From the Attorney General's Chambers, 17 June 2012:
We refer to the media reports about the case against Woffles Wu.
2 Woffles Wu was charged for abetting his employee Kuan to give false information to the police about the commission of speeding offenses in 2005 and 2006. Kuan gave the false information. Woffles Wu, who did not give any information to the police, was charged with abetting Kuan to do so, which is an offence under s 81(3) of the Road Traffic Act. There was no evidence of payment or gratification given to Kuan. Kuan, who is 82 years old, was given a stern warning.
3 In general, fines or short custodial sentences are imposed for wilfully providing false information, under s 81(3) Road Traffic Act. Custodial sentences are typically imposed under this section when there are aggravating features, such as many instances of the offence committed by the same person.
4 Some media reports refer to cases in which imprisonment term has been imposed under s 204A of the Penal Code. The accused could not have been charged under that provision for intentionally perverting the course of justice (which is a more serious charge compared with s 81(3) of the Road Traffic Act). This is because the accused committed his offence in 2006, before s 204A of the Penal Code was enacted in 2008. The position of the accused is therefore different from others who were subject to s 204A and who have been punished with a term of imprisonment.
5 The charge preferred against an accused person would be calibrated to reflect the seriousness of the criminal act and the fact situation, and whether the legislation inquestion provides a specific provision dealing with the criminal act or whether reliance has to be placed on general legislation such as the Penal Code. On the facts of this case, as there was no major accident or injury, it was considered appropriate to proceed under s 81(3) of the Road Traffic Act rather than invoke the general provisions of the Penal Code, such as s 182. Other sections have their own requirements, which would not have been met on the facts of the present case. Prior to 2008, offences of this nature were generally dealt with under s 81 (3) of the Road Traffic Act.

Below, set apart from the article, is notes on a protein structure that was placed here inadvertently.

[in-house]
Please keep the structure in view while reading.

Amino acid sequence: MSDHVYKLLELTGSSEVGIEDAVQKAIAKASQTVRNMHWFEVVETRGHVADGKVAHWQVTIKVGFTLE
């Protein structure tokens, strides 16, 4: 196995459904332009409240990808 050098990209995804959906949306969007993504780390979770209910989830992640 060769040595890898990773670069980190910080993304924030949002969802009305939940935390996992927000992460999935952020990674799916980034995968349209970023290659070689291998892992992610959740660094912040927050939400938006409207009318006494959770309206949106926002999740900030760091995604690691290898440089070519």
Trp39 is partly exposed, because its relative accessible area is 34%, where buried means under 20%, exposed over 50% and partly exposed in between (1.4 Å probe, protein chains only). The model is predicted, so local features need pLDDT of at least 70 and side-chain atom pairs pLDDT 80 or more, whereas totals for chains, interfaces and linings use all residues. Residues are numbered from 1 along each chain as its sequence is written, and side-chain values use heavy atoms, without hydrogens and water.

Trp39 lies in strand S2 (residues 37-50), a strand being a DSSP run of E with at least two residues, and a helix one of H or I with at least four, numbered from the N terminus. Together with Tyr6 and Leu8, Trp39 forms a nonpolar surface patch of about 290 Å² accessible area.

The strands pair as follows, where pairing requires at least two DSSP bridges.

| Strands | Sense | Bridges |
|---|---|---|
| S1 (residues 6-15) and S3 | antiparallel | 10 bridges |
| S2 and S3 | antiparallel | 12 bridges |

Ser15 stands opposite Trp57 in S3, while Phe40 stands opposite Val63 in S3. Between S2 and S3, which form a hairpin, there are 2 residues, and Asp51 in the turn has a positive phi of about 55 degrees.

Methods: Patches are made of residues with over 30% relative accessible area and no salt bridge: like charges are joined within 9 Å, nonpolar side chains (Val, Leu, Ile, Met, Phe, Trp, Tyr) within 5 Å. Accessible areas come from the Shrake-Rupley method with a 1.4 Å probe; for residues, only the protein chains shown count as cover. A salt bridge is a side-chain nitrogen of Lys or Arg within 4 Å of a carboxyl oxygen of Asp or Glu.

Law Minister, K Shanmugam, also posted about the case on his Facebook page. We re-post it in full as follows:
There has been a lot of comment on the case of Dr Woffles Wu. I asked AGC to let me have their position and the answers to the questions that hav been raised. Basically people have asked 4 questions :
(1) why was he not charged under s204 of the Penal Code, and instead was charged under the RTA. The Penal Code charge would carry a heavier sentence is what is used now
(2) Why was he charged for abetment
(3) why was Dr Wu imposed only with a fine under the RTA
(4) Why has it taken so long for the case to come to court when the offence took place in 2006. I spoke witht he media and gave answers to the 4 questions, based on what I ws told by the AGC.
Emphasised 2 other points as well : that the decision to prosecute is made by AGC independantly and the sentence is imposed by the court also independantly. Until the court delivers a written judgement we wont know the reasons for the precise reasons for the decision.
Second, the speeding offence is still being investigated. When that is completed there may be further prosecution. With that in mind, the answers to the 4 questions are as follows :
(1) Dr Wu could not be charged under s204 of the Penal Code because that only came into force in 2008. Dr Wu's offense was committed in 2006. You cant charge anyone who committed an offense in 2006 under a provision which came into force in 2008.
(2) He was charged for abetment because the actual info was given by Mr Kuan. Dr Wu didnt give the info and could not be charged directlyfor giving false info. AGC didnt charge Mr Kuan, I assume because he was old and AGC probably took into account the employer-employe relationship, and that justice will probably be best served by charging Dr Wu
(3) why was he imposed only with a fine. We will know the reasons if the court gives a written judgment. Can only guess at this stage, at what the reasons might be. I was told by AGC that there was no evidence of any money being paid, there were no repeated offences, as well as a few other possible reasons. AGC also told me that a fine , under these circumstances would be within the norm
(4) why has it taken so long - when the info was first given in 2006, Police assumed it to be correct. It was only more recently that the Police found out about the offence, through a complaint that was received.